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Old 11-20-2020, 08:21 AM   #21
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"Have a fire extinguisher handy!"

The USCG rates oak at a burn ratio of 100 , most GRP boats of polly resin are 500!

Do not expect to put out a polly boat fire easily!
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Old 11-20-2020, 03:33 PM   #22
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I am installing 4 complete new sliding windows. I am planning to use 3M4200 for the install. As far as damage goes beyond what I have created there was some hiding behind the trim and beneath the 5200. I will rebuild, fair and paint the complete wheelhouse so it looks uniform. Once it is apart I will show some pic's
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Old 11-20-2020, 03:39 PM   #23
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I used to use 3M products but have switched to Sika products. I like them much better. I use Sika 291 for most general caulking work.
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Old 11-20-2020, 09:05 PM   #24
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I removed the starboard rear window tonight. This window was leaking the PO had used the 5200 everywhere except the inside where it was wet. Now I get to replace some veneer. The project just grows.
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Old 11-20-2020, 09:10 PM   #25
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That is one of the things I donít like about 5200, it is too runny and doesnít stay where you want it. It doesnít seal very well like regular caulks do. Besides you canít get rid of it when you need to.
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Old 11-22-2020, 08:53 PM   #26
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The last window is out hooray. On this one the PO used both epoxy and 3M5200 so it was the worst one I had to cut out. The method he used was fix the leak, hide the rot and make it look good. With all the demo done it can only get better from here.
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Old 11-22-2020, 11:07 PM   #27
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Now the fun part starts. Good luck.
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Old 11-23-2020, 01:51 PM   #28
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Bet a nichrome wire with some current running through it would slice it....One guy inside, one guy outside. keep[ it tight and go.....
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Old 11-23-2020, 01:56 PM   #29
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Window Removal/Replacement with PO using 5200

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Originally Posted by Crusty Chief View Post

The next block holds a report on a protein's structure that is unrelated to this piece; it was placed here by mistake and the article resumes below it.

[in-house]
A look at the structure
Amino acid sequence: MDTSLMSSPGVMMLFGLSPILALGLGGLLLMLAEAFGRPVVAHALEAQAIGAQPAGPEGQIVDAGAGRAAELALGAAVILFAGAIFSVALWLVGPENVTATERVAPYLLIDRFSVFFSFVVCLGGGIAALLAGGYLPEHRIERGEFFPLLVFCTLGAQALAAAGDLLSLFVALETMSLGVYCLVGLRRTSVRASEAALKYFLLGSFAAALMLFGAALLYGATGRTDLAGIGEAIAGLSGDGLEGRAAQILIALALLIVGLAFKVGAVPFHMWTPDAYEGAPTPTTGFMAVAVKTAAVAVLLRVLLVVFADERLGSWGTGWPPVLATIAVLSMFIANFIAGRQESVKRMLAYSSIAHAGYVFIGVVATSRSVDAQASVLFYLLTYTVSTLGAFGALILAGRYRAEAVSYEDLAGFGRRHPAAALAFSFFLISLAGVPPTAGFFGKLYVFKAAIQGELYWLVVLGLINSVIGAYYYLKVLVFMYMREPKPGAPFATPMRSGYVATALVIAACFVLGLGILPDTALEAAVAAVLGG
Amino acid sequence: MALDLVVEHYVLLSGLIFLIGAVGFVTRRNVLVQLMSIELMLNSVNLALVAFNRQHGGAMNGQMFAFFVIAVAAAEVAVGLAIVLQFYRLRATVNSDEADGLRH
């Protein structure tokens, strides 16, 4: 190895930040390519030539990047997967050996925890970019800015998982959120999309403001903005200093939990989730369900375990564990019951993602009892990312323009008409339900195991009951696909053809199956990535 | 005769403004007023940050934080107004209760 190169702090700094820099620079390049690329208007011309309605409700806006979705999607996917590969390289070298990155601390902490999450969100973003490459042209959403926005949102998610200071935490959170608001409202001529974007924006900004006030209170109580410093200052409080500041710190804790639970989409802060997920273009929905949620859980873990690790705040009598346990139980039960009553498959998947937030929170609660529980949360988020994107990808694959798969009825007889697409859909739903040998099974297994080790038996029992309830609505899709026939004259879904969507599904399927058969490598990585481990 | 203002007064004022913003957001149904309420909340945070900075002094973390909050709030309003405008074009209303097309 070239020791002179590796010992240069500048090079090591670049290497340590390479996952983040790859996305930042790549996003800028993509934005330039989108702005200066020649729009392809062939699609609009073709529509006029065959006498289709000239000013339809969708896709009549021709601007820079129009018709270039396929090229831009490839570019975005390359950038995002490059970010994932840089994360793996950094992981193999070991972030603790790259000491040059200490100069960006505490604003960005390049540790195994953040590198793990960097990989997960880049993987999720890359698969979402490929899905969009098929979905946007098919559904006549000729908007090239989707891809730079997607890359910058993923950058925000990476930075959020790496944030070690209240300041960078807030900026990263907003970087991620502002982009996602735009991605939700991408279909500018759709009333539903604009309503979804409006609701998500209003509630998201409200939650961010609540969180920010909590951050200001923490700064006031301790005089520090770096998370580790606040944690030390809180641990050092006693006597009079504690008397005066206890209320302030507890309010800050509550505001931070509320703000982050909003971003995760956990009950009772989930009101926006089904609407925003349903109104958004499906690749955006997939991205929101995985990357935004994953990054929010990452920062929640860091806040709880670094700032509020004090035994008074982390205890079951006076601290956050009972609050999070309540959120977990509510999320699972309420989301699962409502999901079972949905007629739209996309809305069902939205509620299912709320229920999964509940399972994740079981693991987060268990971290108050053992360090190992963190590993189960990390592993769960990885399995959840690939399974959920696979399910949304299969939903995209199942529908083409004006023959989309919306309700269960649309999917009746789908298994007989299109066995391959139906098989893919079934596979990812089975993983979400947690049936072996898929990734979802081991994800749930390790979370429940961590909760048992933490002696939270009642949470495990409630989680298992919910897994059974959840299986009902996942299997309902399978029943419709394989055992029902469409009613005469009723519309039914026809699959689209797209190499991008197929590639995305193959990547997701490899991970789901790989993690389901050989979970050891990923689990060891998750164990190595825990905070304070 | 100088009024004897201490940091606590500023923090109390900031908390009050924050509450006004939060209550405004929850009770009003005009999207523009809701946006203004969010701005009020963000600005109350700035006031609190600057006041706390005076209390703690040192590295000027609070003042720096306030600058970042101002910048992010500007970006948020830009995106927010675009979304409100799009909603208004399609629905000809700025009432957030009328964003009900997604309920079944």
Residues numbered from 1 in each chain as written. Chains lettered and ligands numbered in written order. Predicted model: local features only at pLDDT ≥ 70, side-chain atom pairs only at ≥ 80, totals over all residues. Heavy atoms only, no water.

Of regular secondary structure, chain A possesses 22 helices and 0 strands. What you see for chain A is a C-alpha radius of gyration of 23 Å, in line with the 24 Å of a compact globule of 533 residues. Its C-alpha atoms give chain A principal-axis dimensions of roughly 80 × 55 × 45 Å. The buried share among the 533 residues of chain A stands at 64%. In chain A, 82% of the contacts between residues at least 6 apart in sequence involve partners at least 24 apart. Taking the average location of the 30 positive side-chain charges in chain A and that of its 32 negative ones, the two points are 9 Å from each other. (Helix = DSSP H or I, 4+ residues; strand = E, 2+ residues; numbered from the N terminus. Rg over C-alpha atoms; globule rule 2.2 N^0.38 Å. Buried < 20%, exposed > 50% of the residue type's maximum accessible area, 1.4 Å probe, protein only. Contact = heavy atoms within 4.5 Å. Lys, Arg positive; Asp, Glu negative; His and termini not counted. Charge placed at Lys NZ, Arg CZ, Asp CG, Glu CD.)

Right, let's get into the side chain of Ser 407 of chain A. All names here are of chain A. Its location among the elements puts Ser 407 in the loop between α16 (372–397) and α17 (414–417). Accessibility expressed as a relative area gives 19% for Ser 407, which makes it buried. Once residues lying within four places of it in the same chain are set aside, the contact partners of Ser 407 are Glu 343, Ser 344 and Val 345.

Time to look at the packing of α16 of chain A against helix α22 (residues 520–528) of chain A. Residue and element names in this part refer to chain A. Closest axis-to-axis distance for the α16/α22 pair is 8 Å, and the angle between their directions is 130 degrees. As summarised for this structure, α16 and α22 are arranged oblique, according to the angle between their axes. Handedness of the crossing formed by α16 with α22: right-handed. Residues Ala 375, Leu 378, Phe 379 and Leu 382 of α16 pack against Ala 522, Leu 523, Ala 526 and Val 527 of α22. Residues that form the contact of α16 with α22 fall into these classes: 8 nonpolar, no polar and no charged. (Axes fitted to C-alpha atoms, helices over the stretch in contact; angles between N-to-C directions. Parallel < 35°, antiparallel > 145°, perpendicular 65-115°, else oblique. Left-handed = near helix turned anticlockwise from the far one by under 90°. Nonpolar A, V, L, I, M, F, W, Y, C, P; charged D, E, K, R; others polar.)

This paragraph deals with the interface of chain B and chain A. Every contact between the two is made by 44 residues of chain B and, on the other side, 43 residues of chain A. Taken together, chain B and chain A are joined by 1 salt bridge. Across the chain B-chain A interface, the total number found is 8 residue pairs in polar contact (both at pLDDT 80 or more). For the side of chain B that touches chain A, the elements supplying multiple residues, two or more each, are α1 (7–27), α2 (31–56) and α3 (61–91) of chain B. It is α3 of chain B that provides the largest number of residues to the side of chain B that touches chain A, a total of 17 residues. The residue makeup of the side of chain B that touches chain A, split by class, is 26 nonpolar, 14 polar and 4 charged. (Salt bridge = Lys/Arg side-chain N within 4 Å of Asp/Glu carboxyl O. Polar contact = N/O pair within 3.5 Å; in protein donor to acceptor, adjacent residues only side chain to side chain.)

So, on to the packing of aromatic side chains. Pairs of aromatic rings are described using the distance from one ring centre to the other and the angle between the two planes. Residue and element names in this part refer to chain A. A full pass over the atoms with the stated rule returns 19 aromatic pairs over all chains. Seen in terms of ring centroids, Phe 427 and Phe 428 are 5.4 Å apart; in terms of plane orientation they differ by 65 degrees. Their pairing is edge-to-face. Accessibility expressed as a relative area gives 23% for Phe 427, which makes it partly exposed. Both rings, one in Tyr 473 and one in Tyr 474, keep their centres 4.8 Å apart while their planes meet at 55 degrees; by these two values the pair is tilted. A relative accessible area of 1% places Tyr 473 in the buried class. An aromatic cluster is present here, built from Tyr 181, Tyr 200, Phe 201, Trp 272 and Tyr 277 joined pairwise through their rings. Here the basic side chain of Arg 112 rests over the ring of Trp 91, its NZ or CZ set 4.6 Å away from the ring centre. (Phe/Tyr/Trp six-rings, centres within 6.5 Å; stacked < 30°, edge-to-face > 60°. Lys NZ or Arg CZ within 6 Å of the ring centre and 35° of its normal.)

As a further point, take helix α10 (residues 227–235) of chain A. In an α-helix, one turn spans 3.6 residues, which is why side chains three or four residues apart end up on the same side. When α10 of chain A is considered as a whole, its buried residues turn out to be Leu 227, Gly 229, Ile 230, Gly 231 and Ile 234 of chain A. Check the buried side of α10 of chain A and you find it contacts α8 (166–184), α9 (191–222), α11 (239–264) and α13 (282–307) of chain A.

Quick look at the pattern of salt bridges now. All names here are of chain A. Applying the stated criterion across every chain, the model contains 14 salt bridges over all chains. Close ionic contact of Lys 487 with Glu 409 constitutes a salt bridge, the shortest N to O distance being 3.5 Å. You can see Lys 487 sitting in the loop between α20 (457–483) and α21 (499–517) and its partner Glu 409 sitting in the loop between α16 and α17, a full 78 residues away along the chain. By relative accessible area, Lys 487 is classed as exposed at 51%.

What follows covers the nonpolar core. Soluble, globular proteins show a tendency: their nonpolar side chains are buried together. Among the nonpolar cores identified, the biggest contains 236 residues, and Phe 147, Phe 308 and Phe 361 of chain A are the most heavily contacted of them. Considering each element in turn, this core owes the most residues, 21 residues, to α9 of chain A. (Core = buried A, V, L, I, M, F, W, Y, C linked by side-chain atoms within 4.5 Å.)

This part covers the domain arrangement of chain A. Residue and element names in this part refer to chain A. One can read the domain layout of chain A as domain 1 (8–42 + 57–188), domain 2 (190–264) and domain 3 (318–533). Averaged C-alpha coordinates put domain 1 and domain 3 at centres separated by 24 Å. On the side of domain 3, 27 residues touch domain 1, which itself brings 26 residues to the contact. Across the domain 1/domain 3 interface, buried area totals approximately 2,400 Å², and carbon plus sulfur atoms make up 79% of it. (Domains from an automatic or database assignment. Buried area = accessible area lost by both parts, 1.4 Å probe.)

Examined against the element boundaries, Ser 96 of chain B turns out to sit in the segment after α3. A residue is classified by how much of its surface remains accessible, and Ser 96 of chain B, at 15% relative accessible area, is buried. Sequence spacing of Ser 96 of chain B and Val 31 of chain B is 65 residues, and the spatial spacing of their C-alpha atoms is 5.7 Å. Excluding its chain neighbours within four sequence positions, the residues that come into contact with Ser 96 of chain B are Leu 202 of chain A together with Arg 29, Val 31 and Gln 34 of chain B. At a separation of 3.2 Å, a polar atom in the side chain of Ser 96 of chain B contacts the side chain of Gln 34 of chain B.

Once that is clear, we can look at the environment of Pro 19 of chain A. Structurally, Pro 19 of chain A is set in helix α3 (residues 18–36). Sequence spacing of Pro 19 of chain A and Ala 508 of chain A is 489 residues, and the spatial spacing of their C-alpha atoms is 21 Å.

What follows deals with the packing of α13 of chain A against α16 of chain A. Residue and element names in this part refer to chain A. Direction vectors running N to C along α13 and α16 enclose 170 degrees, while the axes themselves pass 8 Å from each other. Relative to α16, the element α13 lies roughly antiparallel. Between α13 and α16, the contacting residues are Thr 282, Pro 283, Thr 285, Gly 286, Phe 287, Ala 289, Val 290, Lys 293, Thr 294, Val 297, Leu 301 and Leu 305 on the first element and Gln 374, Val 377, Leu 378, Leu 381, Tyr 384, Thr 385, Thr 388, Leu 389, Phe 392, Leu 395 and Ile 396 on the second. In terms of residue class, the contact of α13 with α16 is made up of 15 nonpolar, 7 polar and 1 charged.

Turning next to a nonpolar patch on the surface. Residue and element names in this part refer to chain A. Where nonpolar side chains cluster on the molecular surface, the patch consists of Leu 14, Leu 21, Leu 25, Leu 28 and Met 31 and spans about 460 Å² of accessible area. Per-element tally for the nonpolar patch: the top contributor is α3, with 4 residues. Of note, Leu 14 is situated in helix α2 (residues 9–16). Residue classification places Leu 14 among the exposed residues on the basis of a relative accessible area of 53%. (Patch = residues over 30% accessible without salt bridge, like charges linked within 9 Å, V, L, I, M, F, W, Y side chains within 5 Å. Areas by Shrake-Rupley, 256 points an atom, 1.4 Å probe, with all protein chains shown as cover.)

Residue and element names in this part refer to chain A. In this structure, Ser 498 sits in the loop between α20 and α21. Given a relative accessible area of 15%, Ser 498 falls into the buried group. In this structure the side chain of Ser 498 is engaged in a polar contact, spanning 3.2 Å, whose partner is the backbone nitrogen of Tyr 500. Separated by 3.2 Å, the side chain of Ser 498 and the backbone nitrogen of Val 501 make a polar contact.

A heat gun does wonders. Used it several times, just be patient when applying heat, slow and easy goes along way.
I ran into same issue on my Hatteras 54' with removing the galley slider window - Fortunately only one window leaked. I used a combination of a heat gun and fiberglass shims to gradually move window frame out of structure while keeping it squared. The heat gun softened the sealant, the shims opened the gap and kept the window frame out so I could cut the sealant. When I went back with new sealant, instead of 3M, I took advice of local vendor that has worked on 90% of boats in this marina and used BoatLife brand caulk. Worked well, was easy to manage and clean up.
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Old 11-23-2020, 02:05 PM   #30
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I removed the starboard rear window tonight. This window was leaking the PO had used the 5200 everywhere except the inside where it was wet. Now I get to replace some veneer. The project just grows.
In my world we called that ďMission CreepĒ. You then begin to ask the question now what
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Old 11-23-2020, 02:10 PM   #31
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"used BoatLife brand caulk. Worked well, was easy to manage and clean up."

Excellent advice, and as others mentioned the Sika products are good too. I'm fairly "anti government intrusion" but I would whole heartedly support a law that says you need a permit to purchase and use 5200 on a boat. Its not a caulk, its an adhesive and a pretty darn good one at that.

More boating blood, sweat, tears and curses have been caused by 5200 than anything else I can think of.
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Old 11-23-2020, 02:33 PM   #32
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Heat

Use a heat gun or hair dryer to weaken the 5200. Very effective
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Old 11-23-2020, 02:33 PM   #33